To the editor:
A normal day in the life of a U.S. citizen hasn’t changed much since the ’80s or ’90s, or even back to the ’50s.

The Middle East is as usual boiling, another assassination in some country, more riots protesting various things around the world, more terrorism and murder, more people in many countries on a near starvation diet. Chaos in many places because of weather, earthquakes or politics, the usual wave of people trying to get into the U.S., the usual bureaucratic stupidity of those we elect to represent us in the halls of Congress, the sense of uncertainty with the geopolitical landscape, and the crisis atmosphere it creates is always with us. The U.S. has our military fighting in some country somewhere in the world, and I see the powers that be in our government are still trying to tell other sovereign nations how to run their own country.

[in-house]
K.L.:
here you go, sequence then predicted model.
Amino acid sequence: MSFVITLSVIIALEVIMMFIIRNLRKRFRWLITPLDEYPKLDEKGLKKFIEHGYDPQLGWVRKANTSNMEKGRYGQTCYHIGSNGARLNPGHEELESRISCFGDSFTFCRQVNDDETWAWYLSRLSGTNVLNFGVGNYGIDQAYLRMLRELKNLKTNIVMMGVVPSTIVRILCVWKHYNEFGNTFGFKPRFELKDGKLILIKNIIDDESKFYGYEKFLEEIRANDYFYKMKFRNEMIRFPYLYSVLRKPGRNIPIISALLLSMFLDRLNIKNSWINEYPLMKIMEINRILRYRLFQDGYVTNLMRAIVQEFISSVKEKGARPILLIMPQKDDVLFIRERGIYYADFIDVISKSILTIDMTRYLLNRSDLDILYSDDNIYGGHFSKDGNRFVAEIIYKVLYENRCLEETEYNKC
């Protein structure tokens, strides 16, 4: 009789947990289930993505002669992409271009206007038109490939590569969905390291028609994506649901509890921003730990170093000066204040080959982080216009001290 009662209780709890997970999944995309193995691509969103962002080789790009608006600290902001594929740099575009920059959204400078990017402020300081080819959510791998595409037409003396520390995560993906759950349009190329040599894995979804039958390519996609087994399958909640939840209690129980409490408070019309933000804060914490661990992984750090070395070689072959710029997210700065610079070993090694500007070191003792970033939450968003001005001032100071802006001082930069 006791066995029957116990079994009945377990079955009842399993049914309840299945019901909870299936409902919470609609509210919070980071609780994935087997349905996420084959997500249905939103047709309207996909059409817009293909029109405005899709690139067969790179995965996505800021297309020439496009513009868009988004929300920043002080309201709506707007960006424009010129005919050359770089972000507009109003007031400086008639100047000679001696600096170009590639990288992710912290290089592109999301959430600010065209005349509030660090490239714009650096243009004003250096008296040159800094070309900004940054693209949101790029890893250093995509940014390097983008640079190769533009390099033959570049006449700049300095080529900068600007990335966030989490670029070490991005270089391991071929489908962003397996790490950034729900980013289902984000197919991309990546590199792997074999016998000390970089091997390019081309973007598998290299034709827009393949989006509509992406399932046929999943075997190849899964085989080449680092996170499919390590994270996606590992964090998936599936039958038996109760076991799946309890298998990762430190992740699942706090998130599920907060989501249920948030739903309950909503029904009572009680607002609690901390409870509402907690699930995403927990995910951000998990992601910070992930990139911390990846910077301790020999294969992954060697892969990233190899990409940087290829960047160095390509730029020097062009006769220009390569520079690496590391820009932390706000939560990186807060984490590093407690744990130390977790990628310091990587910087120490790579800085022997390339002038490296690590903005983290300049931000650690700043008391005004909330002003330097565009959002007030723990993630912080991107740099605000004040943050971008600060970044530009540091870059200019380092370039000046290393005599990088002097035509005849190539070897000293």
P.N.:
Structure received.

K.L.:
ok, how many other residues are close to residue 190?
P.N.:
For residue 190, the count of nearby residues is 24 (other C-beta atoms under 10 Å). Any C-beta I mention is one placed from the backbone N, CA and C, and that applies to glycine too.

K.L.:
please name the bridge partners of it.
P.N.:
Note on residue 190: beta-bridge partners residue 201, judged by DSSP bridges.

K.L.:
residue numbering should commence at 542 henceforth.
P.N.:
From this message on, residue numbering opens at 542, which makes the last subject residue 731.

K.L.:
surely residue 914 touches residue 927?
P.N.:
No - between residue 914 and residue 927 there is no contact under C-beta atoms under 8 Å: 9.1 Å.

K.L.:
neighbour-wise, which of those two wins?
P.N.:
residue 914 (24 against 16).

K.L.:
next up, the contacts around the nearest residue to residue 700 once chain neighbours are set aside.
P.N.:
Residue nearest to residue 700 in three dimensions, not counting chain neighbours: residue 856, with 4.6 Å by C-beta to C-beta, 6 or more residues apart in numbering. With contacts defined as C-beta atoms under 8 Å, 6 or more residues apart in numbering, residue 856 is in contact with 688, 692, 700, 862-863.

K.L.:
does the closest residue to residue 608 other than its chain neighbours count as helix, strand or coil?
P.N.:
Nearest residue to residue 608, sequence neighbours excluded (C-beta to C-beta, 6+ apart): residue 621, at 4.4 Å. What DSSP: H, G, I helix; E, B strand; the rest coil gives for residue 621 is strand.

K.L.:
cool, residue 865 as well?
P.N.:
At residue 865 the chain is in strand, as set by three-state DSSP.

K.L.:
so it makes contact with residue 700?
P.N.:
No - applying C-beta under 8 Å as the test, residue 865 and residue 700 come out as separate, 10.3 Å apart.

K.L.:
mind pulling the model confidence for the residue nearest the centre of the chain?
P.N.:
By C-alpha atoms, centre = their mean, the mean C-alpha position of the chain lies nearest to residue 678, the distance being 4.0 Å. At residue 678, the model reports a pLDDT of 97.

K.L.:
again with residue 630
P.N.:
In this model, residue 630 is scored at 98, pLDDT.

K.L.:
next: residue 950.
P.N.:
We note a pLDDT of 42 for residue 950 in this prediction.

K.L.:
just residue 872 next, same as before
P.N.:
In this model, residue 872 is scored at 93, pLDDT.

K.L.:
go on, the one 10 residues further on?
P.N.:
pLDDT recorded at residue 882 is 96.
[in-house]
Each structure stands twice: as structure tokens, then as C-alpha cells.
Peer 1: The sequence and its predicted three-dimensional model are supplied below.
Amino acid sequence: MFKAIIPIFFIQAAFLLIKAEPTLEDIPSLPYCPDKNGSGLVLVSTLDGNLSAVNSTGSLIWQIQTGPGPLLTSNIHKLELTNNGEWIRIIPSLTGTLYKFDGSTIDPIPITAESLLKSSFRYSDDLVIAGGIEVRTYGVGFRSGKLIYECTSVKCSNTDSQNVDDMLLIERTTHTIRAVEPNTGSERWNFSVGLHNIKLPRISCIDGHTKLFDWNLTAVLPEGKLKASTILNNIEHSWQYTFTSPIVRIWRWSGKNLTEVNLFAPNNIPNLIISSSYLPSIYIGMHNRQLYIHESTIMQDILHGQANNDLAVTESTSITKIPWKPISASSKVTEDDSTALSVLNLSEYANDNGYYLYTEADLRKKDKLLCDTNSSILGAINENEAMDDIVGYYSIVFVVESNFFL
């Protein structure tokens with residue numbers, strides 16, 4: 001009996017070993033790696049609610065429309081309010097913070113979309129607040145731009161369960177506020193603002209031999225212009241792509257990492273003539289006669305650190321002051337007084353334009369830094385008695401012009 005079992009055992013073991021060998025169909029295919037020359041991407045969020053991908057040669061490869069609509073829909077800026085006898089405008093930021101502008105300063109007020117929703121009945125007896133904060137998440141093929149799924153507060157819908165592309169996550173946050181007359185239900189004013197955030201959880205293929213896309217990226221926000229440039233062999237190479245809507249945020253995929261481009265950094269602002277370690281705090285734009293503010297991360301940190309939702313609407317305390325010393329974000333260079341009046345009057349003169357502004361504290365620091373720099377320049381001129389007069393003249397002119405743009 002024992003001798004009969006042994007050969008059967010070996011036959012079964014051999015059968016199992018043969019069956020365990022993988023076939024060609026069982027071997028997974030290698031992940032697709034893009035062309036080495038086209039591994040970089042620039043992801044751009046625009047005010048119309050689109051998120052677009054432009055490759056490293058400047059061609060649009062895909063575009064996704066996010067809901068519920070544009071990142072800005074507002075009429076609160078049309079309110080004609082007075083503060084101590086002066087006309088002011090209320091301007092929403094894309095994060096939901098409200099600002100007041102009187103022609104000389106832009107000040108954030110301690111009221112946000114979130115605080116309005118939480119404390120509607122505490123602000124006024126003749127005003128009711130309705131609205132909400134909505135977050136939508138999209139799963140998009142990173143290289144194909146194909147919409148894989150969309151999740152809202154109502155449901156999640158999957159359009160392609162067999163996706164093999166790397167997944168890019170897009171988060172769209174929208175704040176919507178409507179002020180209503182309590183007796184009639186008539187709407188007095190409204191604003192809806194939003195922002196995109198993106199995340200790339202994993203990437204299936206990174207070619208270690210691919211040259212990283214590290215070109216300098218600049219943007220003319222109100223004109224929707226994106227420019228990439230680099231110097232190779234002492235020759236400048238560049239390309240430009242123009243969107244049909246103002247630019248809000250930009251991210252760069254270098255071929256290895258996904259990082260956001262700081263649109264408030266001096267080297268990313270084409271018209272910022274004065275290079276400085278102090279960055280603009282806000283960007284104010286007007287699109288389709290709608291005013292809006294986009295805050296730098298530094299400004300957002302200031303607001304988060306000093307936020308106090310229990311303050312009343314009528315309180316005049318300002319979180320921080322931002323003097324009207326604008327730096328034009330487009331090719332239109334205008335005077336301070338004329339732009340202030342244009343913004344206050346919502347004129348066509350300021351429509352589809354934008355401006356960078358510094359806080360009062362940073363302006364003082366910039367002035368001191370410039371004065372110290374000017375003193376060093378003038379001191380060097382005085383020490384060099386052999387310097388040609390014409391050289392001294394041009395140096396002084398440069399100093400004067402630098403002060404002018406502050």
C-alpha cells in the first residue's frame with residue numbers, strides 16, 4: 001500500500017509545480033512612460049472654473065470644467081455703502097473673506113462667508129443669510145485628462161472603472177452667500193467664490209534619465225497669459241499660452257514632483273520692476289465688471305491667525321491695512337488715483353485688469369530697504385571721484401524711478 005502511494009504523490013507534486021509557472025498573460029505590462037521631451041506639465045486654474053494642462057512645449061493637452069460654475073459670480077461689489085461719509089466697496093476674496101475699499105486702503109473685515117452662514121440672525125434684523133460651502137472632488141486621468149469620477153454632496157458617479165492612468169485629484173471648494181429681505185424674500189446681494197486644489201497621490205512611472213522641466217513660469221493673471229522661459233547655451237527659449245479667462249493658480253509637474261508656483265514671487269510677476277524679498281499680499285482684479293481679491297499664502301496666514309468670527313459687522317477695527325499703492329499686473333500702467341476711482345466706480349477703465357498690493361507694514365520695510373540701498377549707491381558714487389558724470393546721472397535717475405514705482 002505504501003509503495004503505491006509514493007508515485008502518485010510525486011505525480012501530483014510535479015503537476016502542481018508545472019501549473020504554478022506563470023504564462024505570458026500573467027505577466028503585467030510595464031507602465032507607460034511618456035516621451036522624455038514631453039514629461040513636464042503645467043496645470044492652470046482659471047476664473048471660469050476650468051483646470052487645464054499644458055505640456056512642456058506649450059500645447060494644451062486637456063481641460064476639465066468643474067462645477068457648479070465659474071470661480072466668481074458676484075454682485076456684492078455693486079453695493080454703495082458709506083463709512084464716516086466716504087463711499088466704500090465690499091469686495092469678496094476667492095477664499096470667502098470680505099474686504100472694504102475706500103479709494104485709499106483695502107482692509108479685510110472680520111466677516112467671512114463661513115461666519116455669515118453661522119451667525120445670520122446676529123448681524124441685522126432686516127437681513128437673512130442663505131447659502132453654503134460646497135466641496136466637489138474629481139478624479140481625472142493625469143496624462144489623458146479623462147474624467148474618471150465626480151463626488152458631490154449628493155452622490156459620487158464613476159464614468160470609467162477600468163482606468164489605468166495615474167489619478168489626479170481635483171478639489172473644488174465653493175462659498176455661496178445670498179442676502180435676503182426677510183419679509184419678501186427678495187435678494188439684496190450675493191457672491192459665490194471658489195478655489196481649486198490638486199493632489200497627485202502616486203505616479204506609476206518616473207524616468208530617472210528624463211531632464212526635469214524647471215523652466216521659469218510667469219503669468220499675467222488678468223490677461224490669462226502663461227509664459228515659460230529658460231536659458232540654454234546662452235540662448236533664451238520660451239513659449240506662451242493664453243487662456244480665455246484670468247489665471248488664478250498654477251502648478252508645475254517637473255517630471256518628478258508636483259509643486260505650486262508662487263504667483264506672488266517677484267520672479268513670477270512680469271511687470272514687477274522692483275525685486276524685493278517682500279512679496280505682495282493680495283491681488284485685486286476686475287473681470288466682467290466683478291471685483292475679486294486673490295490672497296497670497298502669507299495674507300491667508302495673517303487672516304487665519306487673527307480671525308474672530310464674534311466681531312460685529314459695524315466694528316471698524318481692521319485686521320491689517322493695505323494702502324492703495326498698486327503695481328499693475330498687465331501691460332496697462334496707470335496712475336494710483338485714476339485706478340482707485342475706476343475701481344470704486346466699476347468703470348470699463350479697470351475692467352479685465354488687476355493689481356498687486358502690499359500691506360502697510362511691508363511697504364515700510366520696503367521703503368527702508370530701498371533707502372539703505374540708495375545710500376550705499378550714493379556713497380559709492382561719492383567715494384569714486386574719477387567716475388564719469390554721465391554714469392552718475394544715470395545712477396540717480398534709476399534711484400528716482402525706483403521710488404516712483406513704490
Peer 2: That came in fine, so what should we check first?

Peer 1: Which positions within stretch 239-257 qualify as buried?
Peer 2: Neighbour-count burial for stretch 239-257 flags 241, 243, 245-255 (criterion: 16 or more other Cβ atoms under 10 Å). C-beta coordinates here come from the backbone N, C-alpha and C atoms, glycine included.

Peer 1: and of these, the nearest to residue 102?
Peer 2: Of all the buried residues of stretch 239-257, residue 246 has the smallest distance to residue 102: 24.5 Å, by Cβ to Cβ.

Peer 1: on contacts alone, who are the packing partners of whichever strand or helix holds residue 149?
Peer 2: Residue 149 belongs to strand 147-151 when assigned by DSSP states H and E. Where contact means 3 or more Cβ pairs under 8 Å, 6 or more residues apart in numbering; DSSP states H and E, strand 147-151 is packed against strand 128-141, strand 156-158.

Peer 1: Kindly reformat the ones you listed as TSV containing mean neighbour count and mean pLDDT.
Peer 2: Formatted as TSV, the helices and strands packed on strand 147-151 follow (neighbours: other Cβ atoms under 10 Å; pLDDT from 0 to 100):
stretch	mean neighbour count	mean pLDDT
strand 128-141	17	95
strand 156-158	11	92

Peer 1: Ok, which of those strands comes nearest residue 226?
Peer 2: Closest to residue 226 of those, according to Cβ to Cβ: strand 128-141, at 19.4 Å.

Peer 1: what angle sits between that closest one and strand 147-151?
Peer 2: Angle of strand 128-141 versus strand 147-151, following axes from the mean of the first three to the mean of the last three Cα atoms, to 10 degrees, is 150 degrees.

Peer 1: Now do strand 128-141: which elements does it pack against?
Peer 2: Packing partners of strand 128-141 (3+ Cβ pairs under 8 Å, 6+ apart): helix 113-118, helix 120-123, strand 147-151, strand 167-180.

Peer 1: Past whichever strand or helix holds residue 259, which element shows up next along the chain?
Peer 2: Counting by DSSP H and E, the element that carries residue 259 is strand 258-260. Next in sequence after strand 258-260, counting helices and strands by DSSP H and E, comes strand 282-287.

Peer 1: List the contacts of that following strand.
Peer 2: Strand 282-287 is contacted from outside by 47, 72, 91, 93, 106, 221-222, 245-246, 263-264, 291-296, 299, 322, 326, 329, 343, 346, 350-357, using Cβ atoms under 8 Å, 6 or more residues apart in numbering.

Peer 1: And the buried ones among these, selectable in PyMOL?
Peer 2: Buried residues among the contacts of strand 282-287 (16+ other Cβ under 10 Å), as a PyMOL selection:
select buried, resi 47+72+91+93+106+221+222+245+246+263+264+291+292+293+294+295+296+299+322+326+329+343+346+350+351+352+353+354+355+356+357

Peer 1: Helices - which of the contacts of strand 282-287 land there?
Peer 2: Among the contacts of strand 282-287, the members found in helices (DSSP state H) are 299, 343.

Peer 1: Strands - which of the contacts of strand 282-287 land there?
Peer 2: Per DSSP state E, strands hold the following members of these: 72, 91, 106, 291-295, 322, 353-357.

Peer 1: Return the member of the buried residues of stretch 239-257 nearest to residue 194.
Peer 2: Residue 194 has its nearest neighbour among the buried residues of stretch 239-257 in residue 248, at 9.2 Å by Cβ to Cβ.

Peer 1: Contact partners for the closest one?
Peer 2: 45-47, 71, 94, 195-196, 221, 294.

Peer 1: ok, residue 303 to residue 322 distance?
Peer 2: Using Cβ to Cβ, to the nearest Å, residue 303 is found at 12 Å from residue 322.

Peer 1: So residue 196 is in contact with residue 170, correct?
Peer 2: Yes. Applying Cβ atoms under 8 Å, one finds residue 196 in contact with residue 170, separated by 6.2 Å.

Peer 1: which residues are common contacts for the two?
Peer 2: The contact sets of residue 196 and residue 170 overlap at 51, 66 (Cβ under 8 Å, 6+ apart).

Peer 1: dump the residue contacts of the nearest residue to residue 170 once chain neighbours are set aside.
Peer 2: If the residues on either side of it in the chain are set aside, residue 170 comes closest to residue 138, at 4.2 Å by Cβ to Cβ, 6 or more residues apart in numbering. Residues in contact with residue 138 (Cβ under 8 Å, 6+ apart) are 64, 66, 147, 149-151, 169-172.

I have been around this old world for a lot of years, am a Korean veteran, and find it interesting how things keep repeating, and how most U.S. citizens assume all people think like we do. They don’t.